Ecoregion: Andean Páramo

Key Species: Blue-throated Hillstar, Spectacled Bear, Mountain Tapir, Andean Condor

 
 

The Fierro Urco Water Protection Area will protect almost 200,000 acres (79,000 hectares) of páramo habitat on a series of mountaintops in the western Andes of southern Ecuador. The páramo is home to many striking examples of Andean wildlife and because of its unique species it is referred to as an evolutionary hotspot.

 
Blue-throated Hillstar
 
Conservation Action

World Land Trust’s (WLT) partner Naturaleza y Cultura Ecuador (NCE) and the Water National Secretariat (SENAGUA) had been working in Fierro Urco to create a 125,000 acre (50,700 hectare) Water Protection Area to protect water sources from pollution for the benefit of local communities and wildlife.

In September 2018, a new species of critically endangered hummingbird, the Blue-throated Hillstar, was discovered in Fierro Urco. However, NCE’s original proposal for the Water Protection Area did not include their habitat and mining corporations owned the rights to mine key areas for metal deposits, which would most likely be extracted through open-pit mining and would be a disaster for wildlife.

In February 2019, WLT launched the Save the Blue-throated Hillstar appeal to enable NCE to extend this Water Protection Area to include the hillstar’s 70,000 acre range. By incorporating the hillstar’s habitat, it will have government-level protection and will be safe from mining.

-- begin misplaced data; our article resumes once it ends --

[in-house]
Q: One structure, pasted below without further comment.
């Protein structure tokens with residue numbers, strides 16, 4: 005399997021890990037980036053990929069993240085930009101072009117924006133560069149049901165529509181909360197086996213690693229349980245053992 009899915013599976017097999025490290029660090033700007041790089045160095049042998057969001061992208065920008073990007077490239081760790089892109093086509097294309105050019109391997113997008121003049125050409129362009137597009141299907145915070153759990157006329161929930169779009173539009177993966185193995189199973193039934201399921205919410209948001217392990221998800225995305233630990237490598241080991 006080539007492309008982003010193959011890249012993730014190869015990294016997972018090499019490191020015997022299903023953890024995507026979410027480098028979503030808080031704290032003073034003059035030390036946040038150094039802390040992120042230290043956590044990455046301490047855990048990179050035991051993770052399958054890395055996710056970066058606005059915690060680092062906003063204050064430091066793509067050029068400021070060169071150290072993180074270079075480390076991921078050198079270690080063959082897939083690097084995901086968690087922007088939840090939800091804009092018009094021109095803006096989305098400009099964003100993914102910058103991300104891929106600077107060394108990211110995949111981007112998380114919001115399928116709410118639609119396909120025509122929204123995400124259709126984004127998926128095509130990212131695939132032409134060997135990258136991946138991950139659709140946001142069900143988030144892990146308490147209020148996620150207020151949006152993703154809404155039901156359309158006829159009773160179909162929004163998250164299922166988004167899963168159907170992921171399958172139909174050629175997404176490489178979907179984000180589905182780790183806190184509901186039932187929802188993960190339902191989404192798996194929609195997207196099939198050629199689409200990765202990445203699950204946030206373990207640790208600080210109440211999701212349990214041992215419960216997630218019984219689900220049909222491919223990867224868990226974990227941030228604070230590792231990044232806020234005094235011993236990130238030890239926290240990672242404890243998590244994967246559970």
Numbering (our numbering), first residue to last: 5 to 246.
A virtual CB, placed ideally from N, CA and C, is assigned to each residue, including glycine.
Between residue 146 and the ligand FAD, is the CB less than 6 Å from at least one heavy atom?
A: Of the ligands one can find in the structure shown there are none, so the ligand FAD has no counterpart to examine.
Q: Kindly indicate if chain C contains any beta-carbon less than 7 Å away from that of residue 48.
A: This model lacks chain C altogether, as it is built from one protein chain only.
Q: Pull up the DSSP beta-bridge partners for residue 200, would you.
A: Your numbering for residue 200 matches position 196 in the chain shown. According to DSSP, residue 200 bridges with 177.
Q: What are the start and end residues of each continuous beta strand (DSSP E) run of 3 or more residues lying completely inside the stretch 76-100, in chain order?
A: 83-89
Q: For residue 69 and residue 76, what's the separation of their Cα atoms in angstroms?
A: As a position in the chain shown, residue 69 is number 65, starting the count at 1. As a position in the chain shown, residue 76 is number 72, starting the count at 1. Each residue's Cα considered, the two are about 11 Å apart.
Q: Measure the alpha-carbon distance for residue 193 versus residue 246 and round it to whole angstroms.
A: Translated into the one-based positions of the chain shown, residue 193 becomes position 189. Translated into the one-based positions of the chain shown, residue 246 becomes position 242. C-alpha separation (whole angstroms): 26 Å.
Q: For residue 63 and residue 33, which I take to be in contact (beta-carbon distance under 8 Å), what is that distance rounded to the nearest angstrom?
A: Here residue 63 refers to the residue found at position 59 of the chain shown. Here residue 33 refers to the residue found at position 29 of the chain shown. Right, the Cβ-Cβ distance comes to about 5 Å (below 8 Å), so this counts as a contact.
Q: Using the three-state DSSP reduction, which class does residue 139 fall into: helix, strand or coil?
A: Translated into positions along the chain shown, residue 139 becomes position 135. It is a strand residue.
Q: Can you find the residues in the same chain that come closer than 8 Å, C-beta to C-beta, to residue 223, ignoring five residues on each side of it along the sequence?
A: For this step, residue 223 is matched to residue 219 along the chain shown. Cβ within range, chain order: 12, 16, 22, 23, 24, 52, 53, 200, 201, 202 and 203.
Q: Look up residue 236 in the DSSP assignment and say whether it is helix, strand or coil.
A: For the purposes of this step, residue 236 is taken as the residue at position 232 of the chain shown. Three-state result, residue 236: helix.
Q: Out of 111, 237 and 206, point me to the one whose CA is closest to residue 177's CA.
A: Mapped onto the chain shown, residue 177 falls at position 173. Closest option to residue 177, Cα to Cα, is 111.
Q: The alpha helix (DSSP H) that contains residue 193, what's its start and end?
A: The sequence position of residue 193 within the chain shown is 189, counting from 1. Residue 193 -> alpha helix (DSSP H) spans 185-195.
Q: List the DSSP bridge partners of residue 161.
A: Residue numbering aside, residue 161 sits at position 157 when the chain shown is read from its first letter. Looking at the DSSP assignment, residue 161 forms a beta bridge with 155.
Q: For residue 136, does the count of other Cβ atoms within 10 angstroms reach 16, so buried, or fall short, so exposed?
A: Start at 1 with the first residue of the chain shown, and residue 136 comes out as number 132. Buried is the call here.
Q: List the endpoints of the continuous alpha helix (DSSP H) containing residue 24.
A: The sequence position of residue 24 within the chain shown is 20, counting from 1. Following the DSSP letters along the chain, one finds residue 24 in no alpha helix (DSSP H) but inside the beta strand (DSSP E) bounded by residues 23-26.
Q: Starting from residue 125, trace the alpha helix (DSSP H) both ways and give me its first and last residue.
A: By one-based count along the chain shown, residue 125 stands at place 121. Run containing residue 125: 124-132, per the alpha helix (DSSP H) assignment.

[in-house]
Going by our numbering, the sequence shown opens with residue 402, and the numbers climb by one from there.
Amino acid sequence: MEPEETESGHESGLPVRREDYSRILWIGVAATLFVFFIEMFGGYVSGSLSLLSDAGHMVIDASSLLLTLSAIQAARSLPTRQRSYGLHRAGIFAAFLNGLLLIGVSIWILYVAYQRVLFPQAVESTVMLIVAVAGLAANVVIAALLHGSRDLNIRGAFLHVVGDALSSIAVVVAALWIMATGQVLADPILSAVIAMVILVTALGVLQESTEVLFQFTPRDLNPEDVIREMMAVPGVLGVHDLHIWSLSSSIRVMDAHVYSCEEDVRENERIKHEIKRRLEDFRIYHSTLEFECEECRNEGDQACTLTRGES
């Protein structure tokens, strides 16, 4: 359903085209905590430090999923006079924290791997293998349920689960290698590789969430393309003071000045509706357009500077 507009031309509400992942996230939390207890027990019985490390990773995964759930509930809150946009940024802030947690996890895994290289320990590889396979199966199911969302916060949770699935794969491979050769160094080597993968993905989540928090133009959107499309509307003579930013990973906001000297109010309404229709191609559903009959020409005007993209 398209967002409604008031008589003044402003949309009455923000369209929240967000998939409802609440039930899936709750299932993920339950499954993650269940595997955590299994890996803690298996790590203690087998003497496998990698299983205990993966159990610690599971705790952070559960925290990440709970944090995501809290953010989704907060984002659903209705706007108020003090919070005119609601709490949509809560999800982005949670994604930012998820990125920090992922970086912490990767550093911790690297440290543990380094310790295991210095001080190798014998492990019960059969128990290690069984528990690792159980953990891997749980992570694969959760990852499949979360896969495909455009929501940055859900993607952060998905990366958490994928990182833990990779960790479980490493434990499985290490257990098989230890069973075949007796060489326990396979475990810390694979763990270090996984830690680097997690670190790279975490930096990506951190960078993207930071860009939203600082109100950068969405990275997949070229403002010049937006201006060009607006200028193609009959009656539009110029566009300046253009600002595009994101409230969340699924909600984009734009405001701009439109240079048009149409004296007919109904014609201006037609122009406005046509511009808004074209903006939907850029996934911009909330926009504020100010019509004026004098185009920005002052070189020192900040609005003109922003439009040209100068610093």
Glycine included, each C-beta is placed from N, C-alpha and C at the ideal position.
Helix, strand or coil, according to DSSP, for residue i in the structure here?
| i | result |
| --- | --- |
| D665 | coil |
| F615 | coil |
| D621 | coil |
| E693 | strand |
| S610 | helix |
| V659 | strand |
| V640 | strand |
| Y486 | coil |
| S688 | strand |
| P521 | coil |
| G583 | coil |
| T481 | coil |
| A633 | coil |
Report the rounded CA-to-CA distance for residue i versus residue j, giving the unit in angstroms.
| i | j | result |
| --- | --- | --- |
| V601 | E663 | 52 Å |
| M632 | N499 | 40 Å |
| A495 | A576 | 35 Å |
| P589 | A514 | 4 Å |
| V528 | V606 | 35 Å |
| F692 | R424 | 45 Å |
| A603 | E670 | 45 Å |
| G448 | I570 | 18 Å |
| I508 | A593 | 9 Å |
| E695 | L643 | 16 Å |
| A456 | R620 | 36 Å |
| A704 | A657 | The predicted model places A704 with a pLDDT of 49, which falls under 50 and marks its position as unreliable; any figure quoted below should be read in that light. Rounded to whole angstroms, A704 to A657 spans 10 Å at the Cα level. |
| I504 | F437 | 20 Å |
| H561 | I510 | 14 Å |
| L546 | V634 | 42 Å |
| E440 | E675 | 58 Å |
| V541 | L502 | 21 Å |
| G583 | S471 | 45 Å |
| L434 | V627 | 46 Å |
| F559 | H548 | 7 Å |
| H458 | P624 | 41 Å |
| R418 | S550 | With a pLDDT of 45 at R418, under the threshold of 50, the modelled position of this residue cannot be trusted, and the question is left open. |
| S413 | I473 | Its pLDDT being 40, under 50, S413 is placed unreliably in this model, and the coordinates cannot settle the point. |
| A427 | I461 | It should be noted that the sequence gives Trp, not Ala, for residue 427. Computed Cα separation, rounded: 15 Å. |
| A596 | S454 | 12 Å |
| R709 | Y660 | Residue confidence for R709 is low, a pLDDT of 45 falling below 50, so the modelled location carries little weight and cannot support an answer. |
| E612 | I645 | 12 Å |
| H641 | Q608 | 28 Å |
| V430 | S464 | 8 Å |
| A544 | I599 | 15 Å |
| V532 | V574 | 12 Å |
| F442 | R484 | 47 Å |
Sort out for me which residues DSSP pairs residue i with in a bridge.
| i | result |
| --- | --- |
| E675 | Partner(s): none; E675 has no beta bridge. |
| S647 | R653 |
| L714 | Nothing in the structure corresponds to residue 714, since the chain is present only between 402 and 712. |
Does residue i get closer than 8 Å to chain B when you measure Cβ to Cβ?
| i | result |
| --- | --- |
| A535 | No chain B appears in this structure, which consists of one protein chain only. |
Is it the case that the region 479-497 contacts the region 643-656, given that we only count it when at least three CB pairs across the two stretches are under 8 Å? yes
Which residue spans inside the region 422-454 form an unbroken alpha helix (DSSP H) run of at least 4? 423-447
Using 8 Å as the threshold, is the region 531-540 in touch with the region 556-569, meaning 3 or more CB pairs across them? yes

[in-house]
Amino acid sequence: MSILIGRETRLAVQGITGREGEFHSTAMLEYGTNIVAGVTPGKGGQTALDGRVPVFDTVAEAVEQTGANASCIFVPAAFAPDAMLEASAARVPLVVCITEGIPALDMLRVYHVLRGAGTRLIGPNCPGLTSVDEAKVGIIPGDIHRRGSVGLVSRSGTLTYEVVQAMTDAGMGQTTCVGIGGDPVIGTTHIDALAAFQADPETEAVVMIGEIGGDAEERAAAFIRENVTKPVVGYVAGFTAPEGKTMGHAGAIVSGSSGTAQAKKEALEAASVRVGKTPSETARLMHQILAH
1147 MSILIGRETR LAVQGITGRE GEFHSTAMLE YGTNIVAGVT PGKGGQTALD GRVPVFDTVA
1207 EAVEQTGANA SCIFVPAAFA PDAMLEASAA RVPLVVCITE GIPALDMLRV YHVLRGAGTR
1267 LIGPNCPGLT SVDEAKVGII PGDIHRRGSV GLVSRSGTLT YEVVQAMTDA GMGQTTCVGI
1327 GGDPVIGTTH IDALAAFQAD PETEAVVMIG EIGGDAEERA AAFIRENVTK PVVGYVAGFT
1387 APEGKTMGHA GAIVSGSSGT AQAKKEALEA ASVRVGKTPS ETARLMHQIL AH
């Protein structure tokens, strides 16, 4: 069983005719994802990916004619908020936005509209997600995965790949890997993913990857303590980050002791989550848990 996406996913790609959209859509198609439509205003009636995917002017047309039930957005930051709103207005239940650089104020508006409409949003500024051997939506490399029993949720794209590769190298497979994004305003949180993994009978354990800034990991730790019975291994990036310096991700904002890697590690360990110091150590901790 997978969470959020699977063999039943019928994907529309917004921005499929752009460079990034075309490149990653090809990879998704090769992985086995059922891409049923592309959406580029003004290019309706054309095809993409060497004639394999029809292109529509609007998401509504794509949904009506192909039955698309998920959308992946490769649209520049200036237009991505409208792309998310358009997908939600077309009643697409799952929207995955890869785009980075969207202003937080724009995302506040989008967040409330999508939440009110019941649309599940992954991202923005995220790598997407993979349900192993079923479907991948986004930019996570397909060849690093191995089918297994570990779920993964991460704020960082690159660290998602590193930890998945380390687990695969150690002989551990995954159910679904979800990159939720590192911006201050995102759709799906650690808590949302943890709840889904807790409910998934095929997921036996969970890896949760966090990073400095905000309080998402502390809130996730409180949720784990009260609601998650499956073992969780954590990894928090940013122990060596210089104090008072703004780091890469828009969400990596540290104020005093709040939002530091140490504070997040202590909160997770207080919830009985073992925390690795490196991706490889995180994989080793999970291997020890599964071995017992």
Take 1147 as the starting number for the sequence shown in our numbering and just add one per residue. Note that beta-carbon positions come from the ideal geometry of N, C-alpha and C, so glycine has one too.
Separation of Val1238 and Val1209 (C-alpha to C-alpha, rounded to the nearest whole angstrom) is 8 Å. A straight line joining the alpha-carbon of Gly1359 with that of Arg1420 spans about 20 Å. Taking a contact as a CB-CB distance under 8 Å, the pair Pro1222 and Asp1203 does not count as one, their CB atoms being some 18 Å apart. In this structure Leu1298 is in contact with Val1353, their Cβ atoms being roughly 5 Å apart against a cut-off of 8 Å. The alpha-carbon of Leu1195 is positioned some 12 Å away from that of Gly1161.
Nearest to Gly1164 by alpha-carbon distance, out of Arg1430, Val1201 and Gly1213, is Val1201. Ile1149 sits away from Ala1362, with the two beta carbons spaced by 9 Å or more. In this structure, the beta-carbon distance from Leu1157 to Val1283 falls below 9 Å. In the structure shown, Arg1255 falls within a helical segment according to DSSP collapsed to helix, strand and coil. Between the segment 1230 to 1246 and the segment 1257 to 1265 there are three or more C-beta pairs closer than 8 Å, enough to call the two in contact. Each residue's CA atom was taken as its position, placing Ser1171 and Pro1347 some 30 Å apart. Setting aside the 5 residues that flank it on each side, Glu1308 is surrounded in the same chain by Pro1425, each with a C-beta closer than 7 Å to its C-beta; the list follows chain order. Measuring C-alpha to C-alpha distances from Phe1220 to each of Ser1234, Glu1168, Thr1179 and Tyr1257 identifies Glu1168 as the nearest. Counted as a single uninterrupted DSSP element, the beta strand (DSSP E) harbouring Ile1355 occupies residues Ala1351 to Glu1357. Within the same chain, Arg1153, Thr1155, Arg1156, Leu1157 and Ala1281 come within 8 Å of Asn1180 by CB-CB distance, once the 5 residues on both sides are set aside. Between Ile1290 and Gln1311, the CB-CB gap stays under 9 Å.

Blue-throated Hillstar
 
Biological Importance

Páramo is a type of alpine tundra where the vegetation is composed of giant rosette plants, shrubs and grasses, found above a mountain’s treeline but below the permanent snowline. Many unique species can be found in páramo, which is referred to as an evolutionary hotspot.

The area where the hillstar was discovered remains relatively unexplored, and many more species may yet be discovered there which have evolved to adapt to the unique conditions of the páramo. In addition to the hillstar, a new species of rain frog was also discovered in 2018. The Tik Tik Rain Frog is about the size of a fingernail. It was named after its repetitive call, which sounds like the ticking of a clock. It was evaluated by the scientists who discovered it as endangered due to its small range and the threats to its habitat.

Andean páramo is home to two charismatic mammals: the Spectacled Bear and Mountain Tapir. Both mammals are classified as threatened on the IUCN Red List of Threatened Species due to poaching and habitat loss.

Another striking species is the Andean Condor, one of the largest flying birds in the world. This vulture’s range stretches down the southern side of the South American continent and is the national symbol of Argentina, Bolivia, Chile, Colombia, Ecuador and Peru.

Pristimantis tiktik male. Image Paul Szekely
 

Community involvement

The land here is owned by the local community, who want to ensure it is protected because they rely on the clean freshwater collected in the mountain ecosystem. With the funds raised by the Save the Blue-throated Hillstar appeal, NCE will extend the proposed Water Protection Area so the total area protected will be almost 200,000 acres (79,000 hectares) and also provide water for at least 470,000 Ecuadorian people.